It’s interesting that many of us, when purchasing a new car, spend more time researching and informing ourselves of the current market conditions than we do when it comes to making decisions about our healthcare. You and I aren’t completely to blame. We operate within a healthcare system in which the consumer, you and I as patients, has long played a passive role in the process of decision-making regarding care/treatment, and the correlating costs.
But that may be changing. According to the Oliver Wyman Health Innovation Center, “Consumers, long passive, will have a new role. Employer incentives, retail access, and new technology options will encourage them to engage, demand Information and push for value.” ‘VALUE’ being a key word in the shifting of our current system.
Fortunately we have always, and still do, have full control over one important aspect of our inefficient healthcare system: our personal healthcare choices – both in and out of the clinic. During clinic visits, are you inclined to typically not question physician recommendations? Or, do you question and research these recommendations before making a decision? Does your physician ask you about your lifestyle—diet, exercise, stress levels?
If ‘healthcare’ is a true ‘CARE’ system, the conversations you have with your primary care physician should include your actions outside of the clinic. Yes, it’s great to get your annual checkup, but if you proceed to remain inactive and eat poorly, you might as well just roll the dice to determine your fate. Let’s face it, you might think you have the greatest doctor, but he or she isn’t a magician. The damage you may be inflicting on your health in your everyday habits may eventually become TOO catastrophic and TOO expensive to simply “fix.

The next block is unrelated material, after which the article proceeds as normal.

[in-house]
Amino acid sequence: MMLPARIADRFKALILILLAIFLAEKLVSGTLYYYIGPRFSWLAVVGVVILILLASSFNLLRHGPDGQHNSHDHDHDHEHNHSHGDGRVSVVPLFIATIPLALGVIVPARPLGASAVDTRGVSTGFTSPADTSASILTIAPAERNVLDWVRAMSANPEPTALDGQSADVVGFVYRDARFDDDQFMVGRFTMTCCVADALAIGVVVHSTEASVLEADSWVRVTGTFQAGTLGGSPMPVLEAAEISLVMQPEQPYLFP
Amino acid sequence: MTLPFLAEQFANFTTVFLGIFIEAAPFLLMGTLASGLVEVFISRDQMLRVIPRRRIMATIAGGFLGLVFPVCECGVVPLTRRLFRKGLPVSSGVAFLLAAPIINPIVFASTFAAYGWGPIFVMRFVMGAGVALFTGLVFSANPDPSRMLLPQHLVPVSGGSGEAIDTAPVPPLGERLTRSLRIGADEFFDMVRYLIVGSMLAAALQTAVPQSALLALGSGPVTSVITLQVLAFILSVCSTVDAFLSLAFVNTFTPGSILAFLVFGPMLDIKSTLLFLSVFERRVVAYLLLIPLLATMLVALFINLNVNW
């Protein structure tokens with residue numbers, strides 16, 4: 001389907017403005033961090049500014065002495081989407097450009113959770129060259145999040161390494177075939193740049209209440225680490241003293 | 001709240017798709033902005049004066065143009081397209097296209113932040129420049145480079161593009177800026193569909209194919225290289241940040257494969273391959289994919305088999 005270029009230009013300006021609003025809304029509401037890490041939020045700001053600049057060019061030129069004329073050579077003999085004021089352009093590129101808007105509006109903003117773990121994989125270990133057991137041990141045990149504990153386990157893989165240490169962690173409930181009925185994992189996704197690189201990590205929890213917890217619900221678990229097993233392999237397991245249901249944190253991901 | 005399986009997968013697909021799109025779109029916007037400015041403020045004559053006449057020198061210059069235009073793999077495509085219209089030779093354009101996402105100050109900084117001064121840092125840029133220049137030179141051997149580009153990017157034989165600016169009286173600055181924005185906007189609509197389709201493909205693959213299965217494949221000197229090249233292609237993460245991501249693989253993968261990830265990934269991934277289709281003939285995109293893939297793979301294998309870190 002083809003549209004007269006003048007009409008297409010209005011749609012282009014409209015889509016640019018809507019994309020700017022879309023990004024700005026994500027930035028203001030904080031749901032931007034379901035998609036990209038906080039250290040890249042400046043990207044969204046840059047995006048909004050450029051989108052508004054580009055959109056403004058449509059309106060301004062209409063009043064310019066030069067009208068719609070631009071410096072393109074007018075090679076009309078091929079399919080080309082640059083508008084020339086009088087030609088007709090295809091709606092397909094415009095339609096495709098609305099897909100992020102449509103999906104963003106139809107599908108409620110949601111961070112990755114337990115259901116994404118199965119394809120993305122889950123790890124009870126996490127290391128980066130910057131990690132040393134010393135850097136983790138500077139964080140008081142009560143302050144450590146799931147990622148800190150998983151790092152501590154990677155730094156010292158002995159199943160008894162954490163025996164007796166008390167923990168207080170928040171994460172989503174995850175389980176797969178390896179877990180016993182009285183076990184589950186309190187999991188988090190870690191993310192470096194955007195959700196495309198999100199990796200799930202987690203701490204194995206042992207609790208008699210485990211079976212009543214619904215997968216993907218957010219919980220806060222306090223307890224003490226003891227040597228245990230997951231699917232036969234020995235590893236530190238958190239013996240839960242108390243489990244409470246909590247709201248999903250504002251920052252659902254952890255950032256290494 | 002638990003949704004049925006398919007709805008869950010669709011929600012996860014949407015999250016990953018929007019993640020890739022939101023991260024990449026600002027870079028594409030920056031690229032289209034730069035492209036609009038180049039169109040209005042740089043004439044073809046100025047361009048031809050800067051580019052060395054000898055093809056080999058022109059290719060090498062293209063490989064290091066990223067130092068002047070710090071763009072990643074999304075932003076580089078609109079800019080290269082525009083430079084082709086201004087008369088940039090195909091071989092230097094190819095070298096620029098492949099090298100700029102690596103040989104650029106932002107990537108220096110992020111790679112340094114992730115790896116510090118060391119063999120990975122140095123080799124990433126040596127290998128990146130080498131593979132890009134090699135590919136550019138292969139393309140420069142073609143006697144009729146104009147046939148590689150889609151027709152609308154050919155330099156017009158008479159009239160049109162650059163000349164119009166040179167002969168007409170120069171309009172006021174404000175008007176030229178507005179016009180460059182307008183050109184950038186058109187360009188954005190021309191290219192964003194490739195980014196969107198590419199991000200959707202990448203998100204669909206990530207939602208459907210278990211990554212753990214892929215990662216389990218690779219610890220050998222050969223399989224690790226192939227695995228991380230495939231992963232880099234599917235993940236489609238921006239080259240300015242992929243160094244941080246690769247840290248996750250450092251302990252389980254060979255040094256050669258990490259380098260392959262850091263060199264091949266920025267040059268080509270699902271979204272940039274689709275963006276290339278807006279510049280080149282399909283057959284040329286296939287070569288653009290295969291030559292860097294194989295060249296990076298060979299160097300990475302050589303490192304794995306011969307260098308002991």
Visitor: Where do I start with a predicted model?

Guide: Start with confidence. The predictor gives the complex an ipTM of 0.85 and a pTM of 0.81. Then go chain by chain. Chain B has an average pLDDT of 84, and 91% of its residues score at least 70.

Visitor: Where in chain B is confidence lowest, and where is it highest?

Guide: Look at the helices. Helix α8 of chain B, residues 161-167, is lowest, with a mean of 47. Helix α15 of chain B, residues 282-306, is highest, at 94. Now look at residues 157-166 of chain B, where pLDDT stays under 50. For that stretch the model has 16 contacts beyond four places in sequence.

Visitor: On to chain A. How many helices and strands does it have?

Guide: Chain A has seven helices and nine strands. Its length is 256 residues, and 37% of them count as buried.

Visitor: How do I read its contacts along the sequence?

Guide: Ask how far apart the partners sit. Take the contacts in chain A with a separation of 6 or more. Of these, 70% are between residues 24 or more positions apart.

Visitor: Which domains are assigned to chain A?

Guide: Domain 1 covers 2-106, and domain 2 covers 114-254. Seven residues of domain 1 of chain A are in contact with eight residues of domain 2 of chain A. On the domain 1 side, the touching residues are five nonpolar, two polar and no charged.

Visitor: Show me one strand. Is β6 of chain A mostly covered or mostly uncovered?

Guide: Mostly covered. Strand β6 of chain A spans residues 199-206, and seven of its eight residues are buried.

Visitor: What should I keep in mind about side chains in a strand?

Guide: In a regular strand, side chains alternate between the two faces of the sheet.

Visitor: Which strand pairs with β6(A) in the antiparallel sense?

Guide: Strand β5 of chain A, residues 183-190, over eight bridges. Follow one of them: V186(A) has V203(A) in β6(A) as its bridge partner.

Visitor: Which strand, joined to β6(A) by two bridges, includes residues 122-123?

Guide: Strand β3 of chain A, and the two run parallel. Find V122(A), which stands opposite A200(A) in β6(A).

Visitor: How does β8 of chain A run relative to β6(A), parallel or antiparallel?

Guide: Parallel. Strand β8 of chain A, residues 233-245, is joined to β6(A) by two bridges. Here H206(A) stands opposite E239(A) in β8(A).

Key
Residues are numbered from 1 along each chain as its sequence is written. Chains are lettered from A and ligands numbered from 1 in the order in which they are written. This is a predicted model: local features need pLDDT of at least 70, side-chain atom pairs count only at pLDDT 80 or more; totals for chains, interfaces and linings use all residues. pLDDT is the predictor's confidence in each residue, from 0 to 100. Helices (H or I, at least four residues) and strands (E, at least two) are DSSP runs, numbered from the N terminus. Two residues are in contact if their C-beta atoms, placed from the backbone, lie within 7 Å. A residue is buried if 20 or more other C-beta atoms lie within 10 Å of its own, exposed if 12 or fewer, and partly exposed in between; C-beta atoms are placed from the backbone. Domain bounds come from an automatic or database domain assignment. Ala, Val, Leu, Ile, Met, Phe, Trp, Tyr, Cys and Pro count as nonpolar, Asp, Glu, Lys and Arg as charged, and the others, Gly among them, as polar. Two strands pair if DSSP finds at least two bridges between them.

Consumerization of Healthcare is about putting the patient first. AND, with the logic that by putting the patient first, the patient will profit and the healthcare provider will profit.
Fortunately, this new model is being tested and is proving successful! Dr. Brent James, Chief Quality Officer of Intermountain Healthcare, says “…We do the right thing, even if it drives cost. But we demonstrated that quality drives savings.” In this case, the methodology of a slightly larger upfront investment in prevention, specifically relating to lifestyle modifications, leads to increased savings in the long term.
Technological advances, particularly with mHealth (mobile health technology) are playing a role in creating more educated and informed patients, with greater access to medical records and medical advice. And typically, with a more informed and educated consumer, there is a higher expectation and demand for quality, efficient care.
What You Can Do Now
It’s becoming more important than ever to take full responsibility for your health, preventing illness wherever possible and achieving faster and more thorough recovery when things do go wrong. That old “the doctor can fix it” mentality no longer has a place in your continued good health.
Instead, “prevention” is the key concept we all need to embrace. One key component is to surround yourself with the right team of healthcare experts – those who are willing to take the time to help you assess your lifestyle choices as they relate to your overall health, and who are willing to thoroughly answer your questions relating to choices you need to make. In the long run, you’ll be healthier longer if you take the steps needed to preserve your health – starting now – rather than wait until something “breaks” and expect the doctor to fix it.
Up Next on Fit After Fifty: What’s Inflating U.S.Healthcare Costs? Third-Party Payment Systems – What You Can Do Now
The full series:
Our Healthcare Crisis – Why Should You Care?
What’s Inflating U.S.Healthcare Costs? Volume-Fee-For-Service Model
What’s Inflating U.S.Healthcare Costs? Consumers Play a Passive Role
What’s Inflating U.S.Healthcare Costs? Third-Party Payment Systems
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